In early April, the beginning of our spring quarter, I received word that our first performance as a full group had been confirmed for mid-May. When I reported this exciting news back to the ensemble, the tenor of our rehearsals changed — from then on, our rehearsals continued with our imagined audience in mind. A consensus emerged that we would use our final concert as an opportunity to challenge our listeners to reconsider their role as “the audience,” and also that our performance would feature both abstract, anything-goes free improvisations as well as some adaptations of improvised musical performance practice from specific traditions, such as jazz and the Persian radif.

May 16th, the day of our final concert, rolled around in no time. I remember entering the spacious Schoenberg Hall that evening full of eager uncertainty; just like at our first rehearsal, I had no idea what would happen next. Sure enough, our plan faced a major challenge when the vocal microphone died before our third piece, but we managed to adjust accordingly. I tend to be a very harsh critic of my own music-making, but the enthusiastic and genuine energy of the performance, capped off by our second-line-style cover of the Britney Spears hit Toxic, left me both elated and exhausted.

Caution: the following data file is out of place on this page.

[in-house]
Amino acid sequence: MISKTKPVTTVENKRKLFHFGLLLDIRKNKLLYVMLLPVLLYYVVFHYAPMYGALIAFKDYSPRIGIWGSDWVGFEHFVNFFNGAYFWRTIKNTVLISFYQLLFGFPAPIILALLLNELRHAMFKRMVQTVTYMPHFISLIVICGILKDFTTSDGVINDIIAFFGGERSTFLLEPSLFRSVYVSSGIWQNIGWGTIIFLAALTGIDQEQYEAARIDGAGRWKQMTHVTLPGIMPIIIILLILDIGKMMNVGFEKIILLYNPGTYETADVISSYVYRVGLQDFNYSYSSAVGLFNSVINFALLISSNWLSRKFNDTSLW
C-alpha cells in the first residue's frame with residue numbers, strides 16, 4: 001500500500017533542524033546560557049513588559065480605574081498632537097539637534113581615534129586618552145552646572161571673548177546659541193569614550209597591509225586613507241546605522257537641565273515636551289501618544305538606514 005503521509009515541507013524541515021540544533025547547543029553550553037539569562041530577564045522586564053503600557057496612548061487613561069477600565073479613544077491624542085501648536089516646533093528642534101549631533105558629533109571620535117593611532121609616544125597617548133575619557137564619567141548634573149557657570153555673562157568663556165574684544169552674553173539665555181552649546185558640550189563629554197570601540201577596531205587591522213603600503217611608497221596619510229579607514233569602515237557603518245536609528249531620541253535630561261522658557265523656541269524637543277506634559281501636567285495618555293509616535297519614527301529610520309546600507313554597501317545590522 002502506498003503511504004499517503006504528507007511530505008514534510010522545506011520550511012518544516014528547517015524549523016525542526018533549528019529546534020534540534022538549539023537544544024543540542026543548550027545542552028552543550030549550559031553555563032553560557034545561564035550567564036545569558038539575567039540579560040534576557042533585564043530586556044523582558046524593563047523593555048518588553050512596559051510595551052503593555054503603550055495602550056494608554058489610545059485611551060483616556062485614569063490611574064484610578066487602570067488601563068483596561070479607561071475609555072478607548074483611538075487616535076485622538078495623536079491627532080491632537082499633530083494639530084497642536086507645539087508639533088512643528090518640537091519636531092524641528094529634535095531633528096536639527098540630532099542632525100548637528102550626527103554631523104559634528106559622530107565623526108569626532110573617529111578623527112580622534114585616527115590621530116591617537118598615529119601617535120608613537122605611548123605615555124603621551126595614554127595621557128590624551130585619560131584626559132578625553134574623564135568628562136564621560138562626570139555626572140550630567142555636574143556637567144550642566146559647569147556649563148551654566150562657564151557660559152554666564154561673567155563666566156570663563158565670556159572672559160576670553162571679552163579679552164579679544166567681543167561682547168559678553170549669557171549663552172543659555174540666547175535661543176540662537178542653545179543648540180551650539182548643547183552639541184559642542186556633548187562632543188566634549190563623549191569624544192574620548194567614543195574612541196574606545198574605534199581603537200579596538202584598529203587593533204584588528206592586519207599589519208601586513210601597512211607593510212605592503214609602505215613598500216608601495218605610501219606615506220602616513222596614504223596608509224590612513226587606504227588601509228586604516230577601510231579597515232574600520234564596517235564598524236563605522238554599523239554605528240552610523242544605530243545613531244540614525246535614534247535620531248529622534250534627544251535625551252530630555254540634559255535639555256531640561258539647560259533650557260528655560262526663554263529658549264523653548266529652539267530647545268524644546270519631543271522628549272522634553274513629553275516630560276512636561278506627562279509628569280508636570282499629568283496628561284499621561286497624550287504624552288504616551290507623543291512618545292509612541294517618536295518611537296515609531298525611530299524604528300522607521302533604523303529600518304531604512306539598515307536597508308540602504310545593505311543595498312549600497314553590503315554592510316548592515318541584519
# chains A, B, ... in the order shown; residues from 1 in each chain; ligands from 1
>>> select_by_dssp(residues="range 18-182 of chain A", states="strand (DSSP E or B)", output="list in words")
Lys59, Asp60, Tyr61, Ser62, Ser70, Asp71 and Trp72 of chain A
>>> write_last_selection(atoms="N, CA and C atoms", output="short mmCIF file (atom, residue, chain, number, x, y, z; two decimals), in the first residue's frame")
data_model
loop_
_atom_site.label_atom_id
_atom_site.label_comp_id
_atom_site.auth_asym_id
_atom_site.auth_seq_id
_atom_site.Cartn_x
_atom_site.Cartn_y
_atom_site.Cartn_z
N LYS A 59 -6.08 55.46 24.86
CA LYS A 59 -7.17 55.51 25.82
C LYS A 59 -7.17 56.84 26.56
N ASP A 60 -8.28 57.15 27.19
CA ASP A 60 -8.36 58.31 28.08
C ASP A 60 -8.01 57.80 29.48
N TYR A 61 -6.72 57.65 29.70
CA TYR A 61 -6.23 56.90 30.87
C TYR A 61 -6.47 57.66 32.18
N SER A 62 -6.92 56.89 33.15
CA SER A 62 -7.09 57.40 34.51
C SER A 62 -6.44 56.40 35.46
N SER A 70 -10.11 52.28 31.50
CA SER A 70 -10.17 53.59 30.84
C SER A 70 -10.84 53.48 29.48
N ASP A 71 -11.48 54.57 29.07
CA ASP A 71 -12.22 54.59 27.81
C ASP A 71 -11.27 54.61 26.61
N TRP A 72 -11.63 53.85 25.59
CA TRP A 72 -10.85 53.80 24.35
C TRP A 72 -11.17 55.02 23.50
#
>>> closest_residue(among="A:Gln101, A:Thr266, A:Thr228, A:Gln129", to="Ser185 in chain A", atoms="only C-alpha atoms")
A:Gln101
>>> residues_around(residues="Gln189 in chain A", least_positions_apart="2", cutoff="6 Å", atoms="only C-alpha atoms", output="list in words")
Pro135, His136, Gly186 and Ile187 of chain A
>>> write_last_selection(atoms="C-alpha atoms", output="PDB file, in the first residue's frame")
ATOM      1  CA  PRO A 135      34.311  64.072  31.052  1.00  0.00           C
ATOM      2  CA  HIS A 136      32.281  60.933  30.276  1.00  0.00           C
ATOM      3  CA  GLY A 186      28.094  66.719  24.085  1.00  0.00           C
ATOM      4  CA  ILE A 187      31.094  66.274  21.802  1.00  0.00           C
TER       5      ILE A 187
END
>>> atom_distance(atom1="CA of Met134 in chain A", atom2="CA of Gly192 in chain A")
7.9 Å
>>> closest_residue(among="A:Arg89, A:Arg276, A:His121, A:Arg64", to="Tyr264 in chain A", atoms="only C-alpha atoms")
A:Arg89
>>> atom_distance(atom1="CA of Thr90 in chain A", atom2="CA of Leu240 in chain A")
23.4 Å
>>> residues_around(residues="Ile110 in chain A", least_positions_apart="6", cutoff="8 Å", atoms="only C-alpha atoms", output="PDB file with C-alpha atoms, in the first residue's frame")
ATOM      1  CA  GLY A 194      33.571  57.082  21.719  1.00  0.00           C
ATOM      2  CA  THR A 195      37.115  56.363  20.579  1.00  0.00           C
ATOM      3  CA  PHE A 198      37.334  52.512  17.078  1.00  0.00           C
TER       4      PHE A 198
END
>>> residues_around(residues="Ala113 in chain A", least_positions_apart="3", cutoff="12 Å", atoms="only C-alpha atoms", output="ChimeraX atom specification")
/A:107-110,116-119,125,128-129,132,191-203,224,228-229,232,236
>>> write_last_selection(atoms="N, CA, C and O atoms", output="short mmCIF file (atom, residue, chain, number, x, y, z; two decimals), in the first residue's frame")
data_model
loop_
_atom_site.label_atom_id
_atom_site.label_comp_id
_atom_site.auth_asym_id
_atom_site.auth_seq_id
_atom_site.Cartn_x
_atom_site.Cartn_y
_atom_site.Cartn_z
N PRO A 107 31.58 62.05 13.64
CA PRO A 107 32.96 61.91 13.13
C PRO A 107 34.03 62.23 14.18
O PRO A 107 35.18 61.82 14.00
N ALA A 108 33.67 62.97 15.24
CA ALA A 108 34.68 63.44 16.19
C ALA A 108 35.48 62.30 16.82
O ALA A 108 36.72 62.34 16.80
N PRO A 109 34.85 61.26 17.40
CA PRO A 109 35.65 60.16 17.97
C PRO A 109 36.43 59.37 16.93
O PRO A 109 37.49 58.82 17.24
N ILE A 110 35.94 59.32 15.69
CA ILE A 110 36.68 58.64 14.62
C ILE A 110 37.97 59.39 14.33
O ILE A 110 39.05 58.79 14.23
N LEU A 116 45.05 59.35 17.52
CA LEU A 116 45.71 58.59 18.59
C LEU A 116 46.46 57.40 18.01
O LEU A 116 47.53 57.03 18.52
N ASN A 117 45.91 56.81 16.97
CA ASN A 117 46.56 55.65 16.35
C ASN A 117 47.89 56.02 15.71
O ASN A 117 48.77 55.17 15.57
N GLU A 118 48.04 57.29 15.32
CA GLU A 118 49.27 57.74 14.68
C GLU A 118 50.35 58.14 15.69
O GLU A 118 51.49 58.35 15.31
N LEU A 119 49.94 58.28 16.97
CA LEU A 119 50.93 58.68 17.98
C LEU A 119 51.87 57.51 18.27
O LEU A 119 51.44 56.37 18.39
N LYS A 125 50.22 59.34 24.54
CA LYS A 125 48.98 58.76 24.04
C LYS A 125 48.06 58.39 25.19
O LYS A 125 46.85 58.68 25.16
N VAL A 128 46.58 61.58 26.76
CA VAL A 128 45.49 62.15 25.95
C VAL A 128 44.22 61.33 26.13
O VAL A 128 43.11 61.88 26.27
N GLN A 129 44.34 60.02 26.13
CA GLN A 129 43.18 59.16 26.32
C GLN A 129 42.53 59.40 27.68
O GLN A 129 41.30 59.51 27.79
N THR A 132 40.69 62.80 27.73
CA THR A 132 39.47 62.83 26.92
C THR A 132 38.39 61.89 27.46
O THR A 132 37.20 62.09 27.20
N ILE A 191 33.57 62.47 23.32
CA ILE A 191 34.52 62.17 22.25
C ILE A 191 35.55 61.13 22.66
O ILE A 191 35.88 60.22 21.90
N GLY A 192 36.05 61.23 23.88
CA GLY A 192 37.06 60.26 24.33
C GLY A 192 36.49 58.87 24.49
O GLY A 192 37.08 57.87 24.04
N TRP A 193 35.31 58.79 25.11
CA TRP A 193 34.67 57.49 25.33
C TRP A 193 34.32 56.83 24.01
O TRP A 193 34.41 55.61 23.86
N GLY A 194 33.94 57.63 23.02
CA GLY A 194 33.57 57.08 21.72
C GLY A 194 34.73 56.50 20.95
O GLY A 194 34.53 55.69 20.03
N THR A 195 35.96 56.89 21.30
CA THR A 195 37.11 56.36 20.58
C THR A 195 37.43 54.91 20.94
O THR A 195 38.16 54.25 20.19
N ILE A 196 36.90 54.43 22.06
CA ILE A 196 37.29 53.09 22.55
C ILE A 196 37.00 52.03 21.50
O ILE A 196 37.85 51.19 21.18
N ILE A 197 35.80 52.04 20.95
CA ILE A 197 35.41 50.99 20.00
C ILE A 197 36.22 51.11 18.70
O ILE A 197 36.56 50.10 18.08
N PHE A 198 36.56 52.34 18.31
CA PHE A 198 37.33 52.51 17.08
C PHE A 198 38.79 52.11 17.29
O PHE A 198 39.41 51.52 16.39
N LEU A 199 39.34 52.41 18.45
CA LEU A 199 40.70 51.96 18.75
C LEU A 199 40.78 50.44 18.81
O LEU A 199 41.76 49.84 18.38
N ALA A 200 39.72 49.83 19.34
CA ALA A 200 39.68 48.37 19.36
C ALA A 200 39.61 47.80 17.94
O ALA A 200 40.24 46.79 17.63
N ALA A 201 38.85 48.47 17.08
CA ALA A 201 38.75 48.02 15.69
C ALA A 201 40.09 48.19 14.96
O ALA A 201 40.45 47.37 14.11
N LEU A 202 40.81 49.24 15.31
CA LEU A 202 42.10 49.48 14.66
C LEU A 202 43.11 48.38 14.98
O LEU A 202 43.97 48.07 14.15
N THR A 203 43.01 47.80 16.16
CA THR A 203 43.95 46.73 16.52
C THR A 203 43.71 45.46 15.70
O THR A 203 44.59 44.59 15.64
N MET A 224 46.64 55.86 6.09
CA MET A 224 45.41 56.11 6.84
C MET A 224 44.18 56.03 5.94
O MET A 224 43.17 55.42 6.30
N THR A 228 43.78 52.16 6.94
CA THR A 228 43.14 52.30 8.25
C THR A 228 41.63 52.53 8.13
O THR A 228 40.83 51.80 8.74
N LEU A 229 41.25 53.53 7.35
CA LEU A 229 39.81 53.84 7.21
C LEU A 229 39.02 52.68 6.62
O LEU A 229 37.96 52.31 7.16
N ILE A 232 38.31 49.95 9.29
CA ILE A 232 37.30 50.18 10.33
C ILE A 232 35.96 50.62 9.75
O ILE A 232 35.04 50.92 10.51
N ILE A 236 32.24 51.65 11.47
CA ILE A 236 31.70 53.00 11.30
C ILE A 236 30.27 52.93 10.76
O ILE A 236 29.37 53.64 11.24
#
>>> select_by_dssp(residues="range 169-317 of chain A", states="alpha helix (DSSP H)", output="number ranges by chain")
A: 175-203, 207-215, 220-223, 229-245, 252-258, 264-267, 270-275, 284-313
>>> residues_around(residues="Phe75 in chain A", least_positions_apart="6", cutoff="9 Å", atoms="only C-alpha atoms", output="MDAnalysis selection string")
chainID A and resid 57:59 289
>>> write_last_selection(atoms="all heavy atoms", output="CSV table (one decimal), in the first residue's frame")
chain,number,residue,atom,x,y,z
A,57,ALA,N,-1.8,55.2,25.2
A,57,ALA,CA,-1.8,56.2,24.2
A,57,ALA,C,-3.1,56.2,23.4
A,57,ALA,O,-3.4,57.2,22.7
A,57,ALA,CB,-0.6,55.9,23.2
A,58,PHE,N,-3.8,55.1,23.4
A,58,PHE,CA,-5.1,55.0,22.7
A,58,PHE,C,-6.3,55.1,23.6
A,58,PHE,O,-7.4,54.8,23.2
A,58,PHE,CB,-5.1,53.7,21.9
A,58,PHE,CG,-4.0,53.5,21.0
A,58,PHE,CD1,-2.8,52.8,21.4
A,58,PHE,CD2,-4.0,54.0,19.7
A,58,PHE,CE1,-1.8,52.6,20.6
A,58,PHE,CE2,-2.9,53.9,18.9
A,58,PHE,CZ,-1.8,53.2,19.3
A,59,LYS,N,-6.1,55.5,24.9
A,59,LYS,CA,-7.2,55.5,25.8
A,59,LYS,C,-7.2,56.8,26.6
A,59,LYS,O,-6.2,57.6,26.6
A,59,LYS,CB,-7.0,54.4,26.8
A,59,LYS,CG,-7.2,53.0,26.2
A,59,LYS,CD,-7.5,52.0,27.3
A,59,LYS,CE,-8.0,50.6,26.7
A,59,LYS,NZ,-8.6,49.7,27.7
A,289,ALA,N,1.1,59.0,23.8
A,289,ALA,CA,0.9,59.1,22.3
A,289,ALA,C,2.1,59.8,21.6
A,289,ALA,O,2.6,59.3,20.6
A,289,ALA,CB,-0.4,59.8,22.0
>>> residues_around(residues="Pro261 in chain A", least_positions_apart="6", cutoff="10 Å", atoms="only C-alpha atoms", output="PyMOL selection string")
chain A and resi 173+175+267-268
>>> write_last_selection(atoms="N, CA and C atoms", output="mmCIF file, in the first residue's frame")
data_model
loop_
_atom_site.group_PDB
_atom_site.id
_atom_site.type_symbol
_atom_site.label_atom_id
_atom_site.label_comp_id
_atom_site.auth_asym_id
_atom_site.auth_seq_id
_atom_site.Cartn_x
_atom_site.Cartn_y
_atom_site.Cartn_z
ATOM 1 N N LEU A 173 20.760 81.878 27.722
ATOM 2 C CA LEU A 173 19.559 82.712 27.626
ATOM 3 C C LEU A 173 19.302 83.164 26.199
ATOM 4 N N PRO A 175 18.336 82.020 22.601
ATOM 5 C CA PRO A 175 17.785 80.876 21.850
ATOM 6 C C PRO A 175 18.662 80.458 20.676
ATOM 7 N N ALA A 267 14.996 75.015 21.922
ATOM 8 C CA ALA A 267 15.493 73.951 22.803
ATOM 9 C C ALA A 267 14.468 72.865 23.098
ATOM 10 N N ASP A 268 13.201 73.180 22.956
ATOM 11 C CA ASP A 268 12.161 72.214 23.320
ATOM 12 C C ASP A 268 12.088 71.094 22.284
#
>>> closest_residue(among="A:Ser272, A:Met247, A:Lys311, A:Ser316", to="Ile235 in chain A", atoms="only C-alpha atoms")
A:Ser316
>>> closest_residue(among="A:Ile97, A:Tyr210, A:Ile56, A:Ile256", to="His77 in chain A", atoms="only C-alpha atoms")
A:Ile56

Alex Rodriguez

Alex Rodriguez

Thankfully, the OMG will continue as a world music ensemble next year, and I will continue to work with these thoughtful experimentalists for another year, combining our collective musicality with a mindful approach to listening. If I’ve learned anything from the experience of working with this unpredictable outfit so far, it’s this: even though I don’t know what the music that emerges will sound like, I can’t wait to be there when it does.

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3 responses to “ Making Music Mindfully ”
  1. Kristine McC
    Sep 2, 2014

    Alex – we want to hear it too :)

  2. Sala Sweet
    Sep 1, 2014

    HI Alex:

    I enjoyed reading your musical experiences.

    I am living in Ghana half of each year and Seattle the other. I am working with a musician and event planner here in Ghana to bring a jazz vocalist from Seattle, Kelley Johnson,to Ghana next year for a musical/cultural exchange.

    If you have any suggestions about how to proceed, please contact me.

    Music is the universal language.


  3. འཆི་མེད་སྒྲོམ (Ashley)
    Aug 31, 2014

    Nice article, Alex!